Medical Device Calibration: A Step-by-Step Guide to Meeting FDA and ISO Standards

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Medical Device Calibration
A Step-by-Step Guide to Meeting FDA and ISO Standards

Warning letter citing calibration failures are on the rise — indicating that the FDA is paying more attention to the issue.

Both the FDA and ISO have specific requirements for calibrating medical devices. And — they don’t always line up. So devicemakers doing business in the US and abroad need a clear path to compliance if they want to avoid penalties.

Medical Device Calibration: A Step-by-Step Guide to Meeting FDA and ISO Standards provides a roadmap that walks devicemakers through each aspect of calibration requirements — showing where the FDA and ISO differ and where they match up — and explains how to combine them to endure full compliance. A sample of the side-by-side approach is below:


QSR ISO 13485:2016
Ensure that all inspection, measuring, and test equipment, including mechanical, automated, or electronic inspection and test equipment, is suitable for its intended purposes and is capable of producing valid results. [§820.72(a)] Determine the … monitoring and measuring equipment needed to provide evidence of conformity of product to determined requirements [7.6]

Both documents contain requirements for the kind of equipment used to monitor and measure, but QSR is more detailed. Not only does it specify the types of equipment it covers, it takes the concept of suitability one step further than ISO 13485, requiring the equipment to be proven capable of returning results valid to their intended purposes.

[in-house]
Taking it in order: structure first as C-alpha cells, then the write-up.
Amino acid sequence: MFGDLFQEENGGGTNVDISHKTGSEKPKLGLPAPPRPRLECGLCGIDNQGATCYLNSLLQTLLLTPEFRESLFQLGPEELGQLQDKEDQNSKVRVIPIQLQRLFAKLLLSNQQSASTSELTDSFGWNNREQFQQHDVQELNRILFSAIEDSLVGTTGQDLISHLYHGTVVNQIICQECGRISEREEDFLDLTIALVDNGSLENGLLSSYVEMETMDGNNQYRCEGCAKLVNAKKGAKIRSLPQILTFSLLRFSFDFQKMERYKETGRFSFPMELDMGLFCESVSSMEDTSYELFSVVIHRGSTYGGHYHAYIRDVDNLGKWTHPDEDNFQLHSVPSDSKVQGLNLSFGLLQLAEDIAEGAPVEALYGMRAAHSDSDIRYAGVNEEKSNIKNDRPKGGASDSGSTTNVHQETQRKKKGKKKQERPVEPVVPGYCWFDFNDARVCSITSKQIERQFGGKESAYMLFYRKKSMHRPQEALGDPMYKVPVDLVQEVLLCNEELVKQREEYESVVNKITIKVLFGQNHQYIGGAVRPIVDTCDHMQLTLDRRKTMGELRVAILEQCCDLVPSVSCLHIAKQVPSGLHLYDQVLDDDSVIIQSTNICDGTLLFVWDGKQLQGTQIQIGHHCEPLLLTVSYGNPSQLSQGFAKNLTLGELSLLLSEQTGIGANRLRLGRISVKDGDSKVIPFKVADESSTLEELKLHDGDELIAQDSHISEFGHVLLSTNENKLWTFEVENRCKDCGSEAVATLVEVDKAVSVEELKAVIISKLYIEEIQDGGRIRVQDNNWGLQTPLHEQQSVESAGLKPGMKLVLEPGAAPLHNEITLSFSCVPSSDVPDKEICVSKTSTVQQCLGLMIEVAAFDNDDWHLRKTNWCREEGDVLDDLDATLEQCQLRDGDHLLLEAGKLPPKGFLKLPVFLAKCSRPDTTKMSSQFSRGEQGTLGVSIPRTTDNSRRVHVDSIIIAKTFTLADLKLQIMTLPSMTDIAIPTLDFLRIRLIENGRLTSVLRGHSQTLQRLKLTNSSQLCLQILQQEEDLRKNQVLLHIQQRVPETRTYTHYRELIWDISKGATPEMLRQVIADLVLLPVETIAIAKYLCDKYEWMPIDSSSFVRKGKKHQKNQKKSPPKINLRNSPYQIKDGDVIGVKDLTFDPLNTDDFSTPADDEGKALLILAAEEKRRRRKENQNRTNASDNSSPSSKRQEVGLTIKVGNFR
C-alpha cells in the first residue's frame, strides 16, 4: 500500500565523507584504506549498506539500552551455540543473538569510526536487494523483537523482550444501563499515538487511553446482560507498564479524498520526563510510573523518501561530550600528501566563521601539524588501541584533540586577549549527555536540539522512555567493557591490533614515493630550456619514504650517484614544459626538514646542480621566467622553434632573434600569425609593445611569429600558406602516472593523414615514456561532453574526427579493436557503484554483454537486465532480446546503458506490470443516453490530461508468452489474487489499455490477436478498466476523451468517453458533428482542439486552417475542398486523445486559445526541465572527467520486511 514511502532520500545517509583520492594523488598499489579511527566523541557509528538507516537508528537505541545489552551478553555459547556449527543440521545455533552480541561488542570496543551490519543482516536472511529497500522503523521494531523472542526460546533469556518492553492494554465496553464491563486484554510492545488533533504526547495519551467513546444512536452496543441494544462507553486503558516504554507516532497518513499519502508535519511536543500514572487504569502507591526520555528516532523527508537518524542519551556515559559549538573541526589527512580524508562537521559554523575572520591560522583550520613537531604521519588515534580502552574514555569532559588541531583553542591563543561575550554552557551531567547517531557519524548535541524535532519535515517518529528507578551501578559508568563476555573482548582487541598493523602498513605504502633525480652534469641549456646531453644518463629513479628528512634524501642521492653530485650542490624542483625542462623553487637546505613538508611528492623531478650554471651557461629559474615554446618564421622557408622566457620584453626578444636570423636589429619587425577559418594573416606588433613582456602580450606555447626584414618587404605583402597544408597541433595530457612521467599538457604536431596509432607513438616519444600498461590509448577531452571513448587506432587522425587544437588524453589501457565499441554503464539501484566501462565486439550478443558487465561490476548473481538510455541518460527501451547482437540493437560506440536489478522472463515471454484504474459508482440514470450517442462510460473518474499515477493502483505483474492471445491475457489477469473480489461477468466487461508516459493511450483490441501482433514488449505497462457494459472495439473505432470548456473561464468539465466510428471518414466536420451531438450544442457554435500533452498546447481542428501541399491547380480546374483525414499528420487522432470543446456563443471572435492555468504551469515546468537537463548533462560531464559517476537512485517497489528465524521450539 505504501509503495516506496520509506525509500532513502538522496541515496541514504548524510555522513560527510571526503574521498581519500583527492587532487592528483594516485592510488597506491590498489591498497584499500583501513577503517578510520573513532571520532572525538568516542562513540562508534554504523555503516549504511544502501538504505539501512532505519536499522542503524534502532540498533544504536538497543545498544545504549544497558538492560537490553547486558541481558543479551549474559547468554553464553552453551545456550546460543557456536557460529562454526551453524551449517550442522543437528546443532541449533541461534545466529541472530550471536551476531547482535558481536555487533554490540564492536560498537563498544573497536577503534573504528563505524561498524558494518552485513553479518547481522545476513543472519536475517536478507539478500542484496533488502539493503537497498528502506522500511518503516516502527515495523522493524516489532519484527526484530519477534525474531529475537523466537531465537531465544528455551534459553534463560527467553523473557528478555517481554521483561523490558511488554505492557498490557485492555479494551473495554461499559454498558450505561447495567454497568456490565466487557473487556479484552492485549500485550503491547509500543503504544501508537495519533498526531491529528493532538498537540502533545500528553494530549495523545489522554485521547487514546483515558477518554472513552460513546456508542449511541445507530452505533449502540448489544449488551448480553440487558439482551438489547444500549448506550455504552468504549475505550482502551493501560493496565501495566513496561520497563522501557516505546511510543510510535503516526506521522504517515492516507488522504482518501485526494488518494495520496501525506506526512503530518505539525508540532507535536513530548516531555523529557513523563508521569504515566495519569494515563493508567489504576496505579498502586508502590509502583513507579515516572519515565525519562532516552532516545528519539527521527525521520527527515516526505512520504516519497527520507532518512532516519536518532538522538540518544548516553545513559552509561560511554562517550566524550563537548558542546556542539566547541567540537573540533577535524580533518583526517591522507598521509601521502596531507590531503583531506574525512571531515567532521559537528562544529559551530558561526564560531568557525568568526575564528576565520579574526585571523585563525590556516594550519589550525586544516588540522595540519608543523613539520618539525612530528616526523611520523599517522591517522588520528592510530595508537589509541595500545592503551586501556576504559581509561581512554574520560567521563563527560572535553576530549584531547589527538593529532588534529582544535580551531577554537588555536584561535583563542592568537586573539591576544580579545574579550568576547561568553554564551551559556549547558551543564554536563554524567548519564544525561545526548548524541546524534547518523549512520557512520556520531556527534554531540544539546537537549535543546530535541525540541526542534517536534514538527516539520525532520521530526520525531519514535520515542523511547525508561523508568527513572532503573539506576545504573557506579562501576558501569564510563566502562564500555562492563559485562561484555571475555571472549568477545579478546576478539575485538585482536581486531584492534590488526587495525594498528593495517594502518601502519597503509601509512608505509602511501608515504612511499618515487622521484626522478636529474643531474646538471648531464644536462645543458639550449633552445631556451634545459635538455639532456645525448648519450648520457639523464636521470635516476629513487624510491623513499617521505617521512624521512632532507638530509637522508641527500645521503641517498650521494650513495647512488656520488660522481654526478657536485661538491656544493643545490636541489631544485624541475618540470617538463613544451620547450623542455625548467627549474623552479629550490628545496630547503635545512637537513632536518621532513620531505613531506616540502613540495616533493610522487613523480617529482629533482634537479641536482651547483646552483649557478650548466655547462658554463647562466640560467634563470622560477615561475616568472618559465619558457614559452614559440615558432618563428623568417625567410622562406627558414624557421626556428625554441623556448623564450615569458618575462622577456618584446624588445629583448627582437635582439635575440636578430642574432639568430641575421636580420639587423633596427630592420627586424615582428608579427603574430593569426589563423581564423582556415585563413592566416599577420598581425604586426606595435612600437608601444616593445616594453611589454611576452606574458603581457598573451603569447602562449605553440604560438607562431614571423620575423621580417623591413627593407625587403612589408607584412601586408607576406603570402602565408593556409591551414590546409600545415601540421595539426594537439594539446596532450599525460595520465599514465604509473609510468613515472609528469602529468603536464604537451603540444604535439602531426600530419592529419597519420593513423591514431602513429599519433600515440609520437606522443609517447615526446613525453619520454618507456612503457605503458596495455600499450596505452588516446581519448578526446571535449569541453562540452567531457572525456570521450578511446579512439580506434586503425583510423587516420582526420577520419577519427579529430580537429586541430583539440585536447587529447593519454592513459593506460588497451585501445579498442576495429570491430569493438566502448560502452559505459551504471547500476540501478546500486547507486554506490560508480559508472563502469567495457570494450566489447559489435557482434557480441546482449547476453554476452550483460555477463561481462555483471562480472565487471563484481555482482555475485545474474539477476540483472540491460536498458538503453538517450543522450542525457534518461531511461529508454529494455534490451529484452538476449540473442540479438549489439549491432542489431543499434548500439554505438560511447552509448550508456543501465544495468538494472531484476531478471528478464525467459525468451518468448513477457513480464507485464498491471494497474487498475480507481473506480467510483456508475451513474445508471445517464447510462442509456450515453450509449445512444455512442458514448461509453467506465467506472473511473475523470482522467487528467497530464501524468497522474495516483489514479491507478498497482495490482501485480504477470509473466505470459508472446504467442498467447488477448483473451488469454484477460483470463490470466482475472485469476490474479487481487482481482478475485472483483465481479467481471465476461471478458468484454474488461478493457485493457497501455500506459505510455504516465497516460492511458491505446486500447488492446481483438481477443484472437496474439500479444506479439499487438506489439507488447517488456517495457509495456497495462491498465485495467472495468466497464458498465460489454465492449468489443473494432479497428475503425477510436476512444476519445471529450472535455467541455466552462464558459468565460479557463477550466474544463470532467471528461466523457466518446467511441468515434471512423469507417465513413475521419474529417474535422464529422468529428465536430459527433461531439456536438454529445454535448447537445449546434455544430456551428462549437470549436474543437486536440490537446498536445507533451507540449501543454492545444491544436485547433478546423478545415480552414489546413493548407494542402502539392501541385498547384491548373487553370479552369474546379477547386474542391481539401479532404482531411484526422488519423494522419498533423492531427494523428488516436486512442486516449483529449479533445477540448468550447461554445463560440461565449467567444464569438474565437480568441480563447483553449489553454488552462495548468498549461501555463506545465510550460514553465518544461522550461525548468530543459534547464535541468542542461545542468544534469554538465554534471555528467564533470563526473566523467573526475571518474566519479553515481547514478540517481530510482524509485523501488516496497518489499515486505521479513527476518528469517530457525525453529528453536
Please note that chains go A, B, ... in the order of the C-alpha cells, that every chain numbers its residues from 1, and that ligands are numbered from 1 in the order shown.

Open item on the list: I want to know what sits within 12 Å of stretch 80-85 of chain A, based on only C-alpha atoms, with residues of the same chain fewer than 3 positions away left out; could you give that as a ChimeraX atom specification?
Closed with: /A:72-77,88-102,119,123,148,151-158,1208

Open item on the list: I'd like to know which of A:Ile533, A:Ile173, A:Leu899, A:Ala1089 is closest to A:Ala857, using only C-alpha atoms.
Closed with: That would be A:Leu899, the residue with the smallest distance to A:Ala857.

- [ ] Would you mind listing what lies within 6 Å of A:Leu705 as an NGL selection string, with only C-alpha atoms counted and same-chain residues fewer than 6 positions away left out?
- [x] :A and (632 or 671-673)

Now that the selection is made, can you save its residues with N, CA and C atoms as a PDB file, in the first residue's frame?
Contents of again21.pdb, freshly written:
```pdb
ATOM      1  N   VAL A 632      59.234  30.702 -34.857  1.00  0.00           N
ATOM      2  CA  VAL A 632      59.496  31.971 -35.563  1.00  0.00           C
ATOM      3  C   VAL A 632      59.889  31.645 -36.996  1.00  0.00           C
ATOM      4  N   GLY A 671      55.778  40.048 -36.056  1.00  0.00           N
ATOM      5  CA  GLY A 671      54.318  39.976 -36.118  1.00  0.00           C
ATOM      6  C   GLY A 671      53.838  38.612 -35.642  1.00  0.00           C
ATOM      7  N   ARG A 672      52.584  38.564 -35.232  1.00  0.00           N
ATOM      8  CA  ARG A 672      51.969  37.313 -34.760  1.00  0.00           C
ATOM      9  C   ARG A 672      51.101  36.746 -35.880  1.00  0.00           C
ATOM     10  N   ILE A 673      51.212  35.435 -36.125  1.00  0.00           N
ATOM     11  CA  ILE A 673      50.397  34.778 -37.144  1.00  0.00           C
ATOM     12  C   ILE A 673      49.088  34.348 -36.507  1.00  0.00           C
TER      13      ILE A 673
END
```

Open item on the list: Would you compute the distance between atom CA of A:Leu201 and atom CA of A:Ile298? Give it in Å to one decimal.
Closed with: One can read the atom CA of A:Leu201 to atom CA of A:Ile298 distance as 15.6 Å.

“What this means,” O’Leary says, “is that your inspection measuring and test equipment has got to be in a calibration and maintenance program. That’s going to make sure that it produces valid results.”

Conclusion: Following QSR section 820.72(a) will allow you to cover ISO requirements at the same time.


You will learn:

  • The role of monitoring and measuring in a medical device Quality Management System (QMS)
  • Requirements for calibration in FDA’s Quality System Regulation
  • How to distinguish between accuracy and precision
  • The role of traceability in a calibration program
  • The audit requirements in both QSIT and MDSAP

The report defines key terms and concepts involved in calibration including proving that calibration practices can be traced back to recognized national and international standards.

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Who Will Benefit

  • Quality Managers
  • Quality Engineers
  • Production Managers
  • Production Supervisors
  • Manufacturing Engineers
  • Production Engineers
  • Design Engineers
  • Process Owners

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